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Social media usage way up in local campaigns; voter turnout, not so much

Nov 22 2011

Social media is as much a part of election landscape as door-knocking these days. But while it might have a wider reach, it's not necessarily translating into more people actually voting.

That was one key lesson learned from Saturday's municipal elections by politicians and social media experts who kept a close watch on the impact of Facebook and Twitter on local campaigns.

Voter turnout increased in only four municipalities over the last municipal election in 2008 — and in some of those very marginally. It's a "bit disheartening," said Don Anderson, a director of Saanich Civic League that works to increase municipal election voter turnout.

"I'm not despondent. It just shows there is more work to be done. It's a constant challenge to get people engaged," Anderson said.

The four municipalities that had an increase all had mayoral races. Colwood rose from 26.5 per cent turnout to 26.77 per cent; Oak Bay from 35.8 per cent to 42.05 per cent; Saanich from 20.6 per cent to 25.35 per cent and View Royal from 23.2 per cent to 27.88 per cent.

But a mayoral race is no guarantee. Central Saanich dropped from 38 per cent to 32.36 per cent, Sidney from 36 per cent to 31.05 per cent and Sooke from 43 per cent to 41.92 per cent — all with choices for mayor.

UVic professor and political pundit Michael Prince said mayoral races can often get more people out to vote, but pointed out that councillors also can be a significant draw. He pointed to Oak Bay, where Mayor Christopher Causton stepped down and longtime councillors Nils Jensen and Hazel Braithwaite vied for the seat.

Yet the Oak Bay results show that more people voted for the top four council candidates than did for either mayoral candidate. Jensen won with 3,197 votes, but the top four councillors had more votes than both Jensen and Braithwaite.

It shows many voters aren't voting on the entire number of available seats, Prince said, which is perhaps a strategy or perhaps a reflection that voters are only voting on who they've definitely made their mind up on rather than taking a chance.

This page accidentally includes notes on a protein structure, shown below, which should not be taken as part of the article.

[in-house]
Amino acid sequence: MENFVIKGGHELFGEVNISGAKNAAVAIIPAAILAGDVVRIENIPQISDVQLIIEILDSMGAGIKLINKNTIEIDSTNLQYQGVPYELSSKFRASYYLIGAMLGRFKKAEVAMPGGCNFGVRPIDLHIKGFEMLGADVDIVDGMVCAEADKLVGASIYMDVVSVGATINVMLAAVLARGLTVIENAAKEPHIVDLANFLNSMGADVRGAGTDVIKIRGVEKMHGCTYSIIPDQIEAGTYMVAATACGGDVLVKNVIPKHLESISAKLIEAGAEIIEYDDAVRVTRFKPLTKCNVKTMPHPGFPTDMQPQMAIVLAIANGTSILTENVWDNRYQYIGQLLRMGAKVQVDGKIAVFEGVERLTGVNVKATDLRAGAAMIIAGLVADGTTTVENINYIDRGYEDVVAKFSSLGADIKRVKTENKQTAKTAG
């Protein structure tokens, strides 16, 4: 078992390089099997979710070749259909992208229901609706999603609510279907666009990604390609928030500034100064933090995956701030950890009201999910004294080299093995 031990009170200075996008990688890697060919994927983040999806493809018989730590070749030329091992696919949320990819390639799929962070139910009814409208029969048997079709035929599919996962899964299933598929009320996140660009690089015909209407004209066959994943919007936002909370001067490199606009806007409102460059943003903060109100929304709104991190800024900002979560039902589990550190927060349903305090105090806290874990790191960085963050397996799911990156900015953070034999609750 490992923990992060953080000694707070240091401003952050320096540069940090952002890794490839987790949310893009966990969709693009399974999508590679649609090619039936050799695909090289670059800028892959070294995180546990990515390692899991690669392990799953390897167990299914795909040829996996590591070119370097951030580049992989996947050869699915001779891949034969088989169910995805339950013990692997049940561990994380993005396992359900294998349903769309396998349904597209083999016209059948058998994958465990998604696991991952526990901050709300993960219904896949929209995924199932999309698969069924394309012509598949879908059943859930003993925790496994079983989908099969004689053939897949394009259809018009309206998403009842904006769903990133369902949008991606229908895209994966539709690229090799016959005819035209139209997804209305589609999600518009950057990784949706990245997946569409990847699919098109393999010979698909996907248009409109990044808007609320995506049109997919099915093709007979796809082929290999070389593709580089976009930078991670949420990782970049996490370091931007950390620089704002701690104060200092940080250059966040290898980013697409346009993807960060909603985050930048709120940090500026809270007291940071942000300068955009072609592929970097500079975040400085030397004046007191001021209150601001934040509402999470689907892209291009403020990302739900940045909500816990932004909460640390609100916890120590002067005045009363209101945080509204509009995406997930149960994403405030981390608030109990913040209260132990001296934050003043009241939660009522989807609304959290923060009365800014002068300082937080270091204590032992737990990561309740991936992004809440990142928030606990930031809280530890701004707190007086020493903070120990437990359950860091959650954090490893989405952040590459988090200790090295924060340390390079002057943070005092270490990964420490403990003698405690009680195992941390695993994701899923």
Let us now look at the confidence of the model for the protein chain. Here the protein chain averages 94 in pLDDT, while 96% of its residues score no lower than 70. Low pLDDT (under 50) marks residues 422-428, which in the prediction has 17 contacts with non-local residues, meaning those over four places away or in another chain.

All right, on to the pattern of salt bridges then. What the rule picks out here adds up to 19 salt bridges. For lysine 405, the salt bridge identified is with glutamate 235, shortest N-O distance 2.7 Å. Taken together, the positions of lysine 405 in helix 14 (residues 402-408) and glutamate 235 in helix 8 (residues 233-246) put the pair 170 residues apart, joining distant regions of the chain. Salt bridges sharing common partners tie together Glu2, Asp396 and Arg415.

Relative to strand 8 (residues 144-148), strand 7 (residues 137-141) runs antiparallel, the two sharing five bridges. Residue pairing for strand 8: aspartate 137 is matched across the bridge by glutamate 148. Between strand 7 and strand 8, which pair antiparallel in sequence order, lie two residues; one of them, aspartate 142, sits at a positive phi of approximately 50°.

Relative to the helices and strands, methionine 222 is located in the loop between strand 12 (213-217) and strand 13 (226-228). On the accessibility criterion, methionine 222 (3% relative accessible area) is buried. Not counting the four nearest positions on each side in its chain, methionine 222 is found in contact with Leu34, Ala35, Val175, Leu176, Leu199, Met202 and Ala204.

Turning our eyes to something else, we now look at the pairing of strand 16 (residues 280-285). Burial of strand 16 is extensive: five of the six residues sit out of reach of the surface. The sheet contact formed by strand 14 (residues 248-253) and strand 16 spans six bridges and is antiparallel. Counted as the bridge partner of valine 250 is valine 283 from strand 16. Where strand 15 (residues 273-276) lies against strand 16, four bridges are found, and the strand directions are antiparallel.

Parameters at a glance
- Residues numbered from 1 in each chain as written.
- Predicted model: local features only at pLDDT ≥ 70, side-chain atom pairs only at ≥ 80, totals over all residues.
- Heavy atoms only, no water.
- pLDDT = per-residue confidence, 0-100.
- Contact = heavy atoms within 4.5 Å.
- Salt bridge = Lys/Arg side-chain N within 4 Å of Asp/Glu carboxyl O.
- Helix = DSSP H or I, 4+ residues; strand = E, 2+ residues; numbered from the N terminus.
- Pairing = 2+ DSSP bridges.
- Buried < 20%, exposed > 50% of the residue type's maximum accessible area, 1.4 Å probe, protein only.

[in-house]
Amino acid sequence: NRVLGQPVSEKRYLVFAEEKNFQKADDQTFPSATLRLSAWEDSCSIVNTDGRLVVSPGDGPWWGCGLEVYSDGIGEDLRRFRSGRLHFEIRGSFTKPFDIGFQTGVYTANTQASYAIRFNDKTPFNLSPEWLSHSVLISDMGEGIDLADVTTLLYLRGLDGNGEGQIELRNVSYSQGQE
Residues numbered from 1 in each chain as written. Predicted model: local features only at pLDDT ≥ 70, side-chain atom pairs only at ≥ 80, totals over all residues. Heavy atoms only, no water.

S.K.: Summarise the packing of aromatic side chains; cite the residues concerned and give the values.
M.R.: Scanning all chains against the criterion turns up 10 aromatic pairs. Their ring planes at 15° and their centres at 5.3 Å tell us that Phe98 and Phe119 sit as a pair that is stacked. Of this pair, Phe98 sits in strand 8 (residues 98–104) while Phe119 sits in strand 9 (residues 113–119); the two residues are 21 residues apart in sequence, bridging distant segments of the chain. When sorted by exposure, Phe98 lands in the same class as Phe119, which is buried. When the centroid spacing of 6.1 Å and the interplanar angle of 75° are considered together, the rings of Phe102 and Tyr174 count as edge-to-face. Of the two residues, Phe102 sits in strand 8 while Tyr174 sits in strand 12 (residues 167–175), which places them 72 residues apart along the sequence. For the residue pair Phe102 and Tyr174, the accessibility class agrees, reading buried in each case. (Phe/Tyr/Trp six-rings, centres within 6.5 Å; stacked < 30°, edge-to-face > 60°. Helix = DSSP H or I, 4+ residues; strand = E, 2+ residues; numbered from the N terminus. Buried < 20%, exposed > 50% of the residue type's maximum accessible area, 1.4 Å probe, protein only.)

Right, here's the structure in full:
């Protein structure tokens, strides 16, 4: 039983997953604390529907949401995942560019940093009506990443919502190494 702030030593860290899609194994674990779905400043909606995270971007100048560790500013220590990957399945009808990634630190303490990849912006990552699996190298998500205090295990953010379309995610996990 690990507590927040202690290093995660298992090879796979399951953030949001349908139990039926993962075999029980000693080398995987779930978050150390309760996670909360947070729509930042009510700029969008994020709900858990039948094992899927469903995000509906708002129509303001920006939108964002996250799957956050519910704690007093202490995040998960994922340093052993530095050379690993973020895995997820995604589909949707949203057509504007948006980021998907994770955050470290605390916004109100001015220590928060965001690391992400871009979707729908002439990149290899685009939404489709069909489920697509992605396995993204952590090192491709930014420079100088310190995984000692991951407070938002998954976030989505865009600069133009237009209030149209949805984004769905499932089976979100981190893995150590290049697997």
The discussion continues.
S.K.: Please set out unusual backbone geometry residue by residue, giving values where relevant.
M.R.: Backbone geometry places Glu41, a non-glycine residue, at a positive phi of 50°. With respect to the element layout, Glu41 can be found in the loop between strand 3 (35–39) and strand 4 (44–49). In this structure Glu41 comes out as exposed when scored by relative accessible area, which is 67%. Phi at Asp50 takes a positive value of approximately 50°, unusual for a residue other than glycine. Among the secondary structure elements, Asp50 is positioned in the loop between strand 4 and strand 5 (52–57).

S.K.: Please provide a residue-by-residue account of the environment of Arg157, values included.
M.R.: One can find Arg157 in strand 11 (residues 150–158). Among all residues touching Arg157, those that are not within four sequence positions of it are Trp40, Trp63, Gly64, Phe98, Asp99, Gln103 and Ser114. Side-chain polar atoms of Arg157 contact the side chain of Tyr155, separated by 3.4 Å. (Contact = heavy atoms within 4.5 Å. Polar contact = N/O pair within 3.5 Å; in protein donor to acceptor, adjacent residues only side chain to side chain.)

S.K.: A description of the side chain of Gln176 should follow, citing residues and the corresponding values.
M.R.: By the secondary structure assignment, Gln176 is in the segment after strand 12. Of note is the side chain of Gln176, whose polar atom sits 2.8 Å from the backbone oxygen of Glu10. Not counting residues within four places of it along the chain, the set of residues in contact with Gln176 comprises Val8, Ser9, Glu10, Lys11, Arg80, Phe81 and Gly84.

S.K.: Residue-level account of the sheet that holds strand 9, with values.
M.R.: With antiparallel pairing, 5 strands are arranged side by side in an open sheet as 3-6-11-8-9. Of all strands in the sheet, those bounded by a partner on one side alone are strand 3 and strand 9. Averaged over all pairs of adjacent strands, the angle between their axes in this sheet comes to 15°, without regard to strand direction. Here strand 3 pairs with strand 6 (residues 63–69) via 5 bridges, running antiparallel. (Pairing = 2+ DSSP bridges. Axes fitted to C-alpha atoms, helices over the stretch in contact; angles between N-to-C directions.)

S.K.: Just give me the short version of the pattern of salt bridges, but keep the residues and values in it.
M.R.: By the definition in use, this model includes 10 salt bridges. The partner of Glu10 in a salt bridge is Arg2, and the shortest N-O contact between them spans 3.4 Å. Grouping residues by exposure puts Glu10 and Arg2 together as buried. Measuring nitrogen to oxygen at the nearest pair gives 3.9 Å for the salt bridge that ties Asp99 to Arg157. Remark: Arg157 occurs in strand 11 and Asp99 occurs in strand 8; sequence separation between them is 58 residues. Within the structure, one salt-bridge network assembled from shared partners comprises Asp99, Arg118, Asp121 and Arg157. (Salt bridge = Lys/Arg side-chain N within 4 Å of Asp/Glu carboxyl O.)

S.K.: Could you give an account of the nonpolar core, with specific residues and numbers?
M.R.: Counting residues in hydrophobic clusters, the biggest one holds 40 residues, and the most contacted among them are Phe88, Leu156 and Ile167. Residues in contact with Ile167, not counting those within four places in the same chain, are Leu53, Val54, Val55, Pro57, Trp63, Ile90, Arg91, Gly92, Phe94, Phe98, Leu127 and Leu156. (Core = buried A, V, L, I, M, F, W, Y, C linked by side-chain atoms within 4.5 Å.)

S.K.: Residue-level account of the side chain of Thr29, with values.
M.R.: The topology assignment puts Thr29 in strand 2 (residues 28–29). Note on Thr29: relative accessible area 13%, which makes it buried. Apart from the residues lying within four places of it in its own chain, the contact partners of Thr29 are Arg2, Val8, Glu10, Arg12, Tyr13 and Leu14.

Virtually all candidates now have a website, and most of them also use social media to connect with people.

But those who had traction on social media didn't always win this time round.

Mat Wright, a communications consultant who studies social media, saw several Open Victoria candidates generating large amounts of social media discussion in the last 10 days of the campaign, which he thought might translate into a win for at least one of the candidates. It didn't.

"Social media seem to draw the same audience for candidates, just on a different platform," Wright said. "It's not attracting new voters. It's retaining those who support them."

And now that it's become mainstream, it has to be done well to engage voters, he said. Wright points to Victoria candidate Lisa Helps, who won a council seat, and Saanich Mayor Frank Leonard, who was re-elected despite facing a significant challenge from David Cubberley, as example of politicians using social media well.

"You should ask open-ended questions that allow people to interact. Be yourself, say thank you a lot, react to feedback," Wright said. "And keep it up once the election is over."

Leonard started using Facebook and Twitter for work a year ago, doing all the posts himself. He first saw it in action while volunteering for Barack Obama's U.S. presidential campaign in 2008 and saw how effective it could be.

It's a way of making yourself accessible to people and showing another side of a personality that might not be apparent at council meetings.

Cairine Green, elected to Oak Bay council, also found blogging useful. There were more than 3,000 visits during the course of the campaign, with nearly 75 per cent of those new visits.

"As a relative newcomer to Oak Bay. I was able to make up lost time through blogging and raise my profile sooner and wider," Green said.


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